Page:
Seminars


For further information on any CSM events please e-mail: csm@lshtm.ac.uk.


Centre for Statistical Methodology Seminar
Friday 26 May 2017, 12:45-2:00pm
LG9, Keppel Street
Information anchored sensitivity analysis for randomised controlled trials via Multiple Imputation
Suzie Cro (Imperial College London)

Abstract: Controlled Multiple Imputation procedures have been proposed for contextually relevant accessible sensitivity analysis of clinical trials with missing data. The so called `δ- method’ enables trialists to explore the impact of unobserved patients having a poorer/better response than those observed. Reference based imputation procedures allow us to explore the impact of unobserved patients behaving like a specified reference group, typically control/placebo. Such sensitivity analysis should not inject information ‘by the back door.’ Neither do we want to lose value information collected in the trial. In this presentation we argue that sensitivity analysis of the type proposed should preserve the information loss due to missing data in the primary analysis. We refer to this as the information anchoring principle. We present theoretical and simulation results which show how an information anchored variance estimate is obtained for the treatment estimator when using the discussed methods. This provides a solid justification for their practical use, which we illustrate with the analysis of a chronic asthma trial.

26th Bradford Hill Memorial Lecture
Monday 12 June 2017, 5:00pm
John Snow Lecture Theatre, Keppel Street
Improving health by improving trials: from outcomes to recruitment and back again
Prof Paula Williamson (University of Liverpool)
Register here: www.lshtm.ac.uk/bhill2017

Centre for Statistical Methodology Seminar
Multivariate Methods Theme
Tuesday 20 June 2017, 12:45-2:00pm
LG6, Keppel Street
Correspondence analysis for studying food perception in Europe
Prof Eric Beh (University of Newcastle, Australia)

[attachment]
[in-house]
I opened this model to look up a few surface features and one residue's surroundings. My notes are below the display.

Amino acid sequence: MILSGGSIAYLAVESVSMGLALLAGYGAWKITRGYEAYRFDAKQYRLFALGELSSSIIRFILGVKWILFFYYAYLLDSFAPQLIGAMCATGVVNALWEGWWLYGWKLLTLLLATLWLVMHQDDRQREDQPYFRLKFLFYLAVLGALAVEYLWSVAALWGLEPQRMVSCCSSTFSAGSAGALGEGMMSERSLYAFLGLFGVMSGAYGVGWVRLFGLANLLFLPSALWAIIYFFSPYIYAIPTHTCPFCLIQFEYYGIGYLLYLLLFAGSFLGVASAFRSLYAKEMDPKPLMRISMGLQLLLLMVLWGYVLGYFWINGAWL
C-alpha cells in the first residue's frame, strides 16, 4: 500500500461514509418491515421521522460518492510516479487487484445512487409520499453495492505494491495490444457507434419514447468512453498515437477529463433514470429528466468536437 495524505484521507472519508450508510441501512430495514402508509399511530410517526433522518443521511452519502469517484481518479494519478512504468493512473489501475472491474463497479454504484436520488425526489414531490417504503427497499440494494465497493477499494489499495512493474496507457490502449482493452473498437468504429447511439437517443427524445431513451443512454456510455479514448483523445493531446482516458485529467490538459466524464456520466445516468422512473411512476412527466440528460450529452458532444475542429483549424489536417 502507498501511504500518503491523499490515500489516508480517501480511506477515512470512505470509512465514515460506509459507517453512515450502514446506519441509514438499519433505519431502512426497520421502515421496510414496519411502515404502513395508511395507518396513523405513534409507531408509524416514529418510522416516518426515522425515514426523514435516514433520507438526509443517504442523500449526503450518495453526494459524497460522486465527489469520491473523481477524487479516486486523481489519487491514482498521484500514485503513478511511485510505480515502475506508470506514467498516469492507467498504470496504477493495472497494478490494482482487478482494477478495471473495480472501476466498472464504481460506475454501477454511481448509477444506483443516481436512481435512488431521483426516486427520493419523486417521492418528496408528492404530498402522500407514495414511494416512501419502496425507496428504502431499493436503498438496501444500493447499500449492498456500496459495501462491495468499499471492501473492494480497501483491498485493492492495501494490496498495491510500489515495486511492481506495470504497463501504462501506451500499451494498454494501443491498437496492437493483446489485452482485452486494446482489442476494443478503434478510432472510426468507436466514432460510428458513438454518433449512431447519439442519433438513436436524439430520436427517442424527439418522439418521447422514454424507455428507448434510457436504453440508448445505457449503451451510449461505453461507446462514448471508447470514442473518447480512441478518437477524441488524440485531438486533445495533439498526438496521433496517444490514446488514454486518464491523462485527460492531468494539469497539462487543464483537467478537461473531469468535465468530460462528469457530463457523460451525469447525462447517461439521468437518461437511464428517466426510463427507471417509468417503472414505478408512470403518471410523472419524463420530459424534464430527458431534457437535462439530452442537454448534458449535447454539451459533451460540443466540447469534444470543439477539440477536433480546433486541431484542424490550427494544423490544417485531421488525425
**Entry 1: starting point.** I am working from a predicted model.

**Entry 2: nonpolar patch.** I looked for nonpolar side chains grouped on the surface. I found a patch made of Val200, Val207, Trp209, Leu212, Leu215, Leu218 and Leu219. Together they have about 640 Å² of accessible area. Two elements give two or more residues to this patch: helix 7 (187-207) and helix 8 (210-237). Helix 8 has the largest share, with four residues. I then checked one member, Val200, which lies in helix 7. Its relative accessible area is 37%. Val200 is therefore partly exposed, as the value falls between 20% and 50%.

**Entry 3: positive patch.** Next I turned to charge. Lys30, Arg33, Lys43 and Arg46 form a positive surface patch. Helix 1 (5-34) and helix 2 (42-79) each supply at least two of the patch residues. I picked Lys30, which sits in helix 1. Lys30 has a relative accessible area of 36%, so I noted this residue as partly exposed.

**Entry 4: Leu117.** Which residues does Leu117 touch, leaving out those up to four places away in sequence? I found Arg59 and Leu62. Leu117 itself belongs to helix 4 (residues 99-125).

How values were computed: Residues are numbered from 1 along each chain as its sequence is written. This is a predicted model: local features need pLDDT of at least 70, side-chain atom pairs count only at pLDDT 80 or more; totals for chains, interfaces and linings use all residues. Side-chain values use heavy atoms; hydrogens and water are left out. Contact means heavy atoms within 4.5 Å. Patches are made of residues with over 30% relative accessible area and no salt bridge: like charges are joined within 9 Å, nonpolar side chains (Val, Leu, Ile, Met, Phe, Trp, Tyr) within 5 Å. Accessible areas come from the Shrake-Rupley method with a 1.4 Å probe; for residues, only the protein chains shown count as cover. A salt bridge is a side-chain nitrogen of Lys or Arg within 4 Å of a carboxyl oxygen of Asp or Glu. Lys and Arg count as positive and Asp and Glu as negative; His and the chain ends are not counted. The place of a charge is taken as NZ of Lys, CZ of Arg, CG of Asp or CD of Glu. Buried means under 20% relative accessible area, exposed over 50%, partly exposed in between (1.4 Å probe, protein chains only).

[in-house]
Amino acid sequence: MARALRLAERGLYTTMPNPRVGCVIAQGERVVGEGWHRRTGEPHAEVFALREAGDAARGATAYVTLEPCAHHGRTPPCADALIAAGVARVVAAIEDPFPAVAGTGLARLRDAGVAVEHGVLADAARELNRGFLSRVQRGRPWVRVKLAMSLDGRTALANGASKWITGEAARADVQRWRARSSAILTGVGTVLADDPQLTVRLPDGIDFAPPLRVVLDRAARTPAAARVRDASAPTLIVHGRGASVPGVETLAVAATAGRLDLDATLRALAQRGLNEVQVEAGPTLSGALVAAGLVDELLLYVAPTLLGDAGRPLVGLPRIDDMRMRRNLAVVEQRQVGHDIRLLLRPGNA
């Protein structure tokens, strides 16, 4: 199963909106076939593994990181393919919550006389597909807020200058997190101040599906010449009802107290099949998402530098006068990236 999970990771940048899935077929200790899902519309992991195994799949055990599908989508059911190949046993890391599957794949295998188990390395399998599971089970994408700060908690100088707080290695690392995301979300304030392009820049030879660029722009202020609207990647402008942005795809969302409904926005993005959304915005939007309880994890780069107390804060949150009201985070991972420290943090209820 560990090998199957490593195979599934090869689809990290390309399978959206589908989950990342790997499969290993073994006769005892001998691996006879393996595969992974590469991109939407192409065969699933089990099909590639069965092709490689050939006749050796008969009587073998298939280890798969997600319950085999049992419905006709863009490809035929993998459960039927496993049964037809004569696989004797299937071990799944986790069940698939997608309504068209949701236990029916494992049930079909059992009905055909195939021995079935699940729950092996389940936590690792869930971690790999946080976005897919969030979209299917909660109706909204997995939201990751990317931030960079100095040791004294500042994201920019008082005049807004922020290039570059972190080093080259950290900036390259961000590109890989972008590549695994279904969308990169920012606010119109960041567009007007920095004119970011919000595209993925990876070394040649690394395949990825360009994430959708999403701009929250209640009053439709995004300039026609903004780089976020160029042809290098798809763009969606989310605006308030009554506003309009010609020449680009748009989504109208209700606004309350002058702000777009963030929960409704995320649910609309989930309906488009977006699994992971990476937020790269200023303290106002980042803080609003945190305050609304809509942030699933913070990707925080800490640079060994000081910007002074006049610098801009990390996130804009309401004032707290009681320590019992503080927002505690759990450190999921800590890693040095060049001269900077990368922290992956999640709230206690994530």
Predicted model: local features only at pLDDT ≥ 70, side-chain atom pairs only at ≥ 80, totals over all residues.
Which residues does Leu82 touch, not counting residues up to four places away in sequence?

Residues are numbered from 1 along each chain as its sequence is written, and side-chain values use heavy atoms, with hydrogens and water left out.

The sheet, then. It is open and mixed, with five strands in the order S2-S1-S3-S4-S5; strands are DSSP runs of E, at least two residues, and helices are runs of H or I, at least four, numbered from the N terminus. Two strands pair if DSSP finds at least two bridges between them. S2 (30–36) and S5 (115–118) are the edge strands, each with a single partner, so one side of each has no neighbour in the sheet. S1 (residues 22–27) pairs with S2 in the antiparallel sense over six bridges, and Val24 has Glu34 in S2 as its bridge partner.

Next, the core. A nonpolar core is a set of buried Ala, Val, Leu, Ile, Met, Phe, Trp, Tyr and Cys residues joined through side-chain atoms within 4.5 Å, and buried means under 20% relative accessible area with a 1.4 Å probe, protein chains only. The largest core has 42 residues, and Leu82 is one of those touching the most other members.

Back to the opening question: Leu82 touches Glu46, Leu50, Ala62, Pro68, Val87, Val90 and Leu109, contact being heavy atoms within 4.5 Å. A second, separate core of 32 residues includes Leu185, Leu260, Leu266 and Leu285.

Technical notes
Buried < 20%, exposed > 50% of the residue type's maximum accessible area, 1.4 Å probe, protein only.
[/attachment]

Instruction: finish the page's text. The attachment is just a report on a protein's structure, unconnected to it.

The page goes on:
Abstract: Correspondence analysis is a statistical technique that provides a visual perspective to the association structure between categorical variables. In this talk we shall highlight the practical aspects of correspondence analysis and some of the recent developments made in this area of research. We shall focus on the data of Guerrero et al. (2010, Food Quality & Preference), and studied by Beh et al. (2011, Food Quality & Preference), which investigates how the word “Traditional” was perceived across six regions in Europe; Flanders (Belgium), Burgundy (France), Lazio (Italy), Akershus (Norway), Warsaw (Poland) and Catalonia (Spain).

Centre for Statistical Methodology Seminar
Analysis of Clinical Trials Theme
Friday 30 June 2017, 12:45-2:00pm
LG9, Keppel Street
Design and analysis of randomised trials with treatment-related clustering
Rebecca Walwyn (University of Leeds)

Abstract: Nesting of patients within therapists in psychotherapy trials creates an additional level within the design. The multilevel nature of this design has implications for the precision, internal and external validity of estimates of the treatment effect. Prior to or during a trial, psychotherapies are allocated to therapists and therapists are assigned to patients such that the therapist becomes part of the causal pathway from the intervention to the patient. It is therefore important to consider not only the relationship between interventions and patients but also relationships between interventions and therapists and between therapists and patients. Research designs comparing the effects of therapeutic approaches, therapist characteristics and packages of the two can be unified by viewing therapists as an important source of variability within psychotherapy outcome studies. Methodological considerations arising from therapist variation will be discussed, drawing together and building upon the associated psychotherapy and statistical literatures. Parallels will also be made with related designs and methods of analysis.

Centre for Statistical Methodology Seminar
Friday 1 December 2017, 12:45-2:00pm
LG9, Keppel Street
Title TBC
Prof Patricia Solomon (University of Adelaide)